Evergreens in the Winter Garden, by George Carter

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In winter evergreens and topiary come into their own. While in summer they might form architectural accents in lush herbaceous foliage, in winter they provide the main interest. Any border should be punctuated by repeat topiary shapes - simple geometric forms - balls pyramids, cubes - are the best. In winter their form is fully revealed and brings an otherwise empty bed to sculptural life.

Its always interesting to vary the colour and texture of evergreens so that even topiarised they have a pleasing contrast. Low winter sun also helps accentuate form and texture. Good clippable evergreens of varying texture and colour include holly (there are good varieties ranging for dark green blue, Ilex x meservae :”Blue Prince”, to silver and gold variegated varieties, Ilex aquifolium “Silver Queen”, and Ilex alterclarensis “Golden King”). In winter nothing is more charming than the berries that holly offers in colours varying from yellow to green and red.

In contrast Box gives a smooth texture of bright green throughout the year. The larger and coarser leaves of the laurels, Prunus lusitanica and Prunus laurocerasus, for instance, make a larger-scale shape and are particularly adapted to making clear stem standards with round mop-heads. The evergreen oak (Quercus ilex) though of Mediterranean origin does extremely well in Britain and makes a fine large clipped subject of a dark blackish green that contrasts beautifully with the lighter green of grass. At home I have a pair of these 4m high with heads 3m across - they form a frame to the entrance of the house.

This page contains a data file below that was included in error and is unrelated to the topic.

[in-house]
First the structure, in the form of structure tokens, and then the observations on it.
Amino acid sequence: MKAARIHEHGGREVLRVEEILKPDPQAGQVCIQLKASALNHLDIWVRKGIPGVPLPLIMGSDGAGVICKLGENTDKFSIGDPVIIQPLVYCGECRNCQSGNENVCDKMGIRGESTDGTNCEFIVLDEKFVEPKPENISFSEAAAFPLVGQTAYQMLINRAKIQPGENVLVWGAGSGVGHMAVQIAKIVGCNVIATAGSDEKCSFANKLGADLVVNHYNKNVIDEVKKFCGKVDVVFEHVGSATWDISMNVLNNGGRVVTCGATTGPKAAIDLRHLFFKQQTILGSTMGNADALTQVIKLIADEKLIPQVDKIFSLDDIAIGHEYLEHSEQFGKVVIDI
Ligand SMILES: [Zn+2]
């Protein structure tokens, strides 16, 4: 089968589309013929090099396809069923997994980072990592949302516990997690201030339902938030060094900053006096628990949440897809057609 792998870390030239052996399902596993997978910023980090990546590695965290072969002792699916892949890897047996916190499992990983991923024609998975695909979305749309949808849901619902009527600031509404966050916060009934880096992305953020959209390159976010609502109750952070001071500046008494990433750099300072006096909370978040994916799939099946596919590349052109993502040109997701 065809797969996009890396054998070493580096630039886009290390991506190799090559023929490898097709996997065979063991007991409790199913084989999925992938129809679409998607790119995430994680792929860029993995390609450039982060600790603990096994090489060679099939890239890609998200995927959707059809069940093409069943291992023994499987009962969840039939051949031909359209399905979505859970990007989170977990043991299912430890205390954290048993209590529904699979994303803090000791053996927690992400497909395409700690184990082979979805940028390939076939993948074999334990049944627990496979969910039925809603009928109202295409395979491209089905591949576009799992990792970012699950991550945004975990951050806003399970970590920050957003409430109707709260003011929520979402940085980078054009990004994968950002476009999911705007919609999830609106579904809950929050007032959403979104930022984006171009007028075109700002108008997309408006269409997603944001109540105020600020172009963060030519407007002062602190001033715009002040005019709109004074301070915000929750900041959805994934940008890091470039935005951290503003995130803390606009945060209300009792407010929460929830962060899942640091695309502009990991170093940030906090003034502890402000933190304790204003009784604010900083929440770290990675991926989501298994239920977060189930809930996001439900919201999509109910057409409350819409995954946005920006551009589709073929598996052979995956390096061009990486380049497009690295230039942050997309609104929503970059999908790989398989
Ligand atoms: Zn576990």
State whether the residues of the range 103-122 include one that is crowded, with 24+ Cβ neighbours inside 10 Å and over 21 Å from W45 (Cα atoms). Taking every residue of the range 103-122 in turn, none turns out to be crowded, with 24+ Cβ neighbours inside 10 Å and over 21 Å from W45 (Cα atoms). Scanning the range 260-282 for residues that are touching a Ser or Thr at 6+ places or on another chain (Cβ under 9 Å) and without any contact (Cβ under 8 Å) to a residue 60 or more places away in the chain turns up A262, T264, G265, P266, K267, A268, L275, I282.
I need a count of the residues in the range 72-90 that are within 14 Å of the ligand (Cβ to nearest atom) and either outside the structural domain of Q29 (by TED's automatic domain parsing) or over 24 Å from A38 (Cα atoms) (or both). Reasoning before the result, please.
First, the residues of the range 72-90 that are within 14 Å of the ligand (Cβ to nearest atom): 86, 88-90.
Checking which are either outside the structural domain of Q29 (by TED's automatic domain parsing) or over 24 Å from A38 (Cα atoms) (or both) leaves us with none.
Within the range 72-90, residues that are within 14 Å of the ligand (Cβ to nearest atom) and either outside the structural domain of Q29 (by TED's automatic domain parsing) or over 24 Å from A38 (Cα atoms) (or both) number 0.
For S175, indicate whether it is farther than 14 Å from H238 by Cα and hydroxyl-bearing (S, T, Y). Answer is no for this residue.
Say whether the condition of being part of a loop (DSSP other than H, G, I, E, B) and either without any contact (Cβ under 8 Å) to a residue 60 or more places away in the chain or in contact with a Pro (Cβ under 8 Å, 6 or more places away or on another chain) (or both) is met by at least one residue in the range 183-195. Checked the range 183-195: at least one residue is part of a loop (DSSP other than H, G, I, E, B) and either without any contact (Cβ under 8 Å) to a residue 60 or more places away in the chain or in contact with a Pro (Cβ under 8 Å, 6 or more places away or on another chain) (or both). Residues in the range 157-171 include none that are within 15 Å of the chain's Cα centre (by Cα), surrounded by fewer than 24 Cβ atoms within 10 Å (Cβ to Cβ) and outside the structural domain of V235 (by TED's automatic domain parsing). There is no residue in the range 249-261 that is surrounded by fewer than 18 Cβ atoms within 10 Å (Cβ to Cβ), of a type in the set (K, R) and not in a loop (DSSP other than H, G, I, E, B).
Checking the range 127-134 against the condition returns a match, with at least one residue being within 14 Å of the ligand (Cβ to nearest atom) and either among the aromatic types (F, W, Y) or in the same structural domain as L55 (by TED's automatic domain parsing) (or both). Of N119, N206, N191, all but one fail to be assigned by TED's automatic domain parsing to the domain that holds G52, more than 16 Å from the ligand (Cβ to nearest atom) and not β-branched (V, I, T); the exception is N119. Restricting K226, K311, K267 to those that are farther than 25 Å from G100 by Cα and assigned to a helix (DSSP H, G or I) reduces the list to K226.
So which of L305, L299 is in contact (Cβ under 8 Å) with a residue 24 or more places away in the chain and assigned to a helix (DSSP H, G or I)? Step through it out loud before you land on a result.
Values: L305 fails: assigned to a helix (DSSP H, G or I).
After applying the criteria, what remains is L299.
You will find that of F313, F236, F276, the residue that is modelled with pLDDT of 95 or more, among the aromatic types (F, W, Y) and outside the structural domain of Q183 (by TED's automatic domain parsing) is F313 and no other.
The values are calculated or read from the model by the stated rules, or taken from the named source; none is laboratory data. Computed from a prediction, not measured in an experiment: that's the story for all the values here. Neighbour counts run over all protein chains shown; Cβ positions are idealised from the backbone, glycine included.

A much underrated evergreen is the common ivy (Hedera helix) which clipped makes an excellent ground cover especially in dry and shaded places where grass will not grow. It can also be trained on frames to make simple shapes - a ring of wire in a pot, for instance, makes a charming growing wreath of ivy. They look particularly well in groups of 2, 4 or more on staging. Smaller named varieties such as Hedera helix “Ivalace” , might be better for this.

A less formal evergreen, Winter box (Sarcococca humilis) comes into its own in the winter as it has highly scented white flowers in January and February. It makes a very good low bed edging in a shady place. Though lax in form compared with box judicious pruning can make a tidy rounded low hedge or edging. Placed near a door or window it gives a delicious and highly unexpected scent at a time of year when you least expect it.

 

http://georgecartergardens.co.uk

 

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